Used car buying guide: Morris Minor

23 Novembre 2020 - autocar

Used car buying guide: Morris Minor

The Morris Minor of 1952-1971 isn’t just a smile-inducing piece of nostalgia but also an affordable classic car that can be reliable enough for regular use

Here's a small, no-frills Morris that was designed by Sir Alec Issigonis, was powered by an A-series engine, sold like hot cakes and has come to be seen as one of the most important British cars ever built. No, not that one, the other one (although confusingly the two did half-share a name for a few years).

It's easy to overlook the Minor, given the cult appeal of its smaller Mini sibling and the comparatively overwhelming global success of foreign rivals such as the Fiat 500 and Volkswagen Beetle, but strong showings in the UK sales charts and Issigonis's commitment to uncomplicated engineering mean there are plenty of clean examples at sensible prices to choose from today.

The Minor is more than worthy of consideration as a first foray into the world of classic car ownership, being relatively reliable, cheap to repair and – above all – utterly charming.

We will focus on the models built between 1952 and 1971 here, because the original MM is a bit of a different beast and prices are edging their way out of the realm of budget classic motoring. That means we have three distinct but near-identical iterations of the Minor at our disposal, each with their own unique pros and cons.

Let's begin at (or near) the start with the split-windscreen Series II. Built from 1952 to 1956, it's powered by a thunderous 803cc version of Austin's A-series engine and can zip from 0-60mph in little more than 50sec. Speed isn't a priority, obviously, but the Minor's ability to crack 30mpg wasn't unimpressive at the time, and the introduction of the wooden-backed Traveller estate and a range of commercial bodystyles took the model into new markets.

Updates for the Series III were extensive and cemented the Minor's position as an affordable, dependable runaround – a label that endures today, despite its quirks. Named the Minor 1000 in reference to its, erm, 948cc engine, it's just about capable of holding its own in today's traffic, and it comes with such luxuries as windscreen wipers that actually work and largely watertight windows.

Minor expert Richard Plant says this is the one to go for if you want to "dip your toe" into the world of classic car ownership, and with prices starting at around £3500 for a runner, you shouldn't be intimidated.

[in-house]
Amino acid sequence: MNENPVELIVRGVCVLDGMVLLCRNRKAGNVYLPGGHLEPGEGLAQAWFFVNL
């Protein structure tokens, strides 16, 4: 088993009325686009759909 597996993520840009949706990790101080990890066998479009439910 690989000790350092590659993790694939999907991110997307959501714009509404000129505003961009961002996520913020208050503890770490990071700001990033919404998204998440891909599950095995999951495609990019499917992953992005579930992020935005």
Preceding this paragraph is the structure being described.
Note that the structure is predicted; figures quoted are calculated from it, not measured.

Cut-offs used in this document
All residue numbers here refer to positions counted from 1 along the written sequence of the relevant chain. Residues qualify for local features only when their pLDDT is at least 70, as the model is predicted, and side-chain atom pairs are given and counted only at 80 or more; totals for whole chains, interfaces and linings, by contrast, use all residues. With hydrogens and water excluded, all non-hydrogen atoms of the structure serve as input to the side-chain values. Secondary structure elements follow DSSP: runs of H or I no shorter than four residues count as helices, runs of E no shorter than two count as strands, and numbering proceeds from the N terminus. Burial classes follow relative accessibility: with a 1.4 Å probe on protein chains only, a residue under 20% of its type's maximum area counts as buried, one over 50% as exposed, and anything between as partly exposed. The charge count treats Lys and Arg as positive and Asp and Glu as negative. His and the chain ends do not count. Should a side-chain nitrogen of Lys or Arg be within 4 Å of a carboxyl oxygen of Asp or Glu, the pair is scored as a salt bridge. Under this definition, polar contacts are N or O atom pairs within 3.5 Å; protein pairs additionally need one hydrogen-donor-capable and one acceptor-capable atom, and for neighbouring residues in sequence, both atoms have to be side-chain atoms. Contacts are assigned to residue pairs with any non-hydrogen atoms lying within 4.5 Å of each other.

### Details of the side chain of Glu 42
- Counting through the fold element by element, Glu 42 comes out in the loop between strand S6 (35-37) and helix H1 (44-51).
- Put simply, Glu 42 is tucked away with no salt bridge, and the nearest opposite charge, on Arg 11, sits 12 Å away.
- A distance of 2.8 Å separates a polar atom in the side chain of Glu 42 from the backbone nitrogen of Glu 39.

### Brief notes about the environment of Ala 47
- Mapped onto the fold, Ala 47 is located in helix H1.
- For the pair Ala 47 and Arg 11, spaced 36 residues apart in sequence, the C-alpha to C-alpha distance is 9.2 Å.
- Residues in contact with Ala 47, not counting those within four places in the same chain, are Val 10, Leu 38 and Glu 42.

In 1962 came the Series V (the Mini-Minor having taken the Series IV badge), which upped capacity to 1098cc while gaining a stronger gearbox and bigger brakes. This later car is about as usable as they come, and a huge proportion have weathered the decades. Be aware, though, that many Minors have been owned for life and run on a budget, so a fine-tooth-comb approach is always best, irrespective of the car's age or outward appearance.

Learn what to look for, though, and you can take your pick from a huge array of convertibles, vans, two-doors, saloons and estates, any of which could be your next daily driver with the right care and attention.

How to get one in your garage

Richard Plant, Minorparts of Oxford: "A shabby original car that has just been used and well maintained can be a much better buy than one that looks shiny because somebody has painted over all the rust. If you're unsure about roadworthiness, it's always worth offering to pay the cost of an MOT certificate if the seller is prepared to take it to the garage."

Buyer beware...

  • Engine: The Austin-derived side-valve engines are poor performers and have a weak bottom end, but the later A-series is peppier and more durable, particularly in its later 948cc and 1098cc guises. Head gaskets don't like hotter-burning modern fuels but valve-seat recession is rare. Some owners get an unleaded conversion or use lead additive, but others report no issues with an original unit. The fuel pump can play up, but a new one is only £100. Be more worried by burning oil than by any leakage.
  • Brakes and tyres: Spend £25 on good-quality shoes rather than skimping, because the primitive braking system needs all the help it can get. The original 145/80 R14 tyres are still in production, but many owners prefer wider 155s. Tyres still age when not being used, so even a low-miler might need new rubber.
  • Bodywork: Don't be put off by tatty paint; what's important is that the substructure (sills, chassis legs, door pillars etc) is fit. Minors aren't worth enough to justify huge welding bills, so walk away from a crumbling car. Reproduction panels can be poor, so get solid parts from breakers' yards. The Traveller's wood is prone to rot, but professional treatment should hold it at bay.
  • Gearbox: Crunching into first is normal, because there's no synchromesh, so just take it easy. One owner reports 350,000 miles from his original gearbox, so they can last, but be sure to change the oil every 6000 miles. Reconditioned units may be as knackered as the part you're trying to replace, so get a guarantee.
  • Interior: Water can invade through tired window and door seals, which is especially bad news if there's already rust beneath. Check the carpets and back seat for dampness, but don't panic, because seals are cheap and can be fitted at home. Check the few electrical components work, as corrosion can lead to poor earthing. An entire new wiring loom is only around £200.

Also worth knowing

The original recommended service interval for the Minor was 1000 miles, so being handy with the spanners will help. Consider joining your local branch of the Morris Minor Owners Club, a great resource for parts, knowledge and meet-ups. Learn how to perform the more regular maintenance jobs and the cost of ownership will plummet.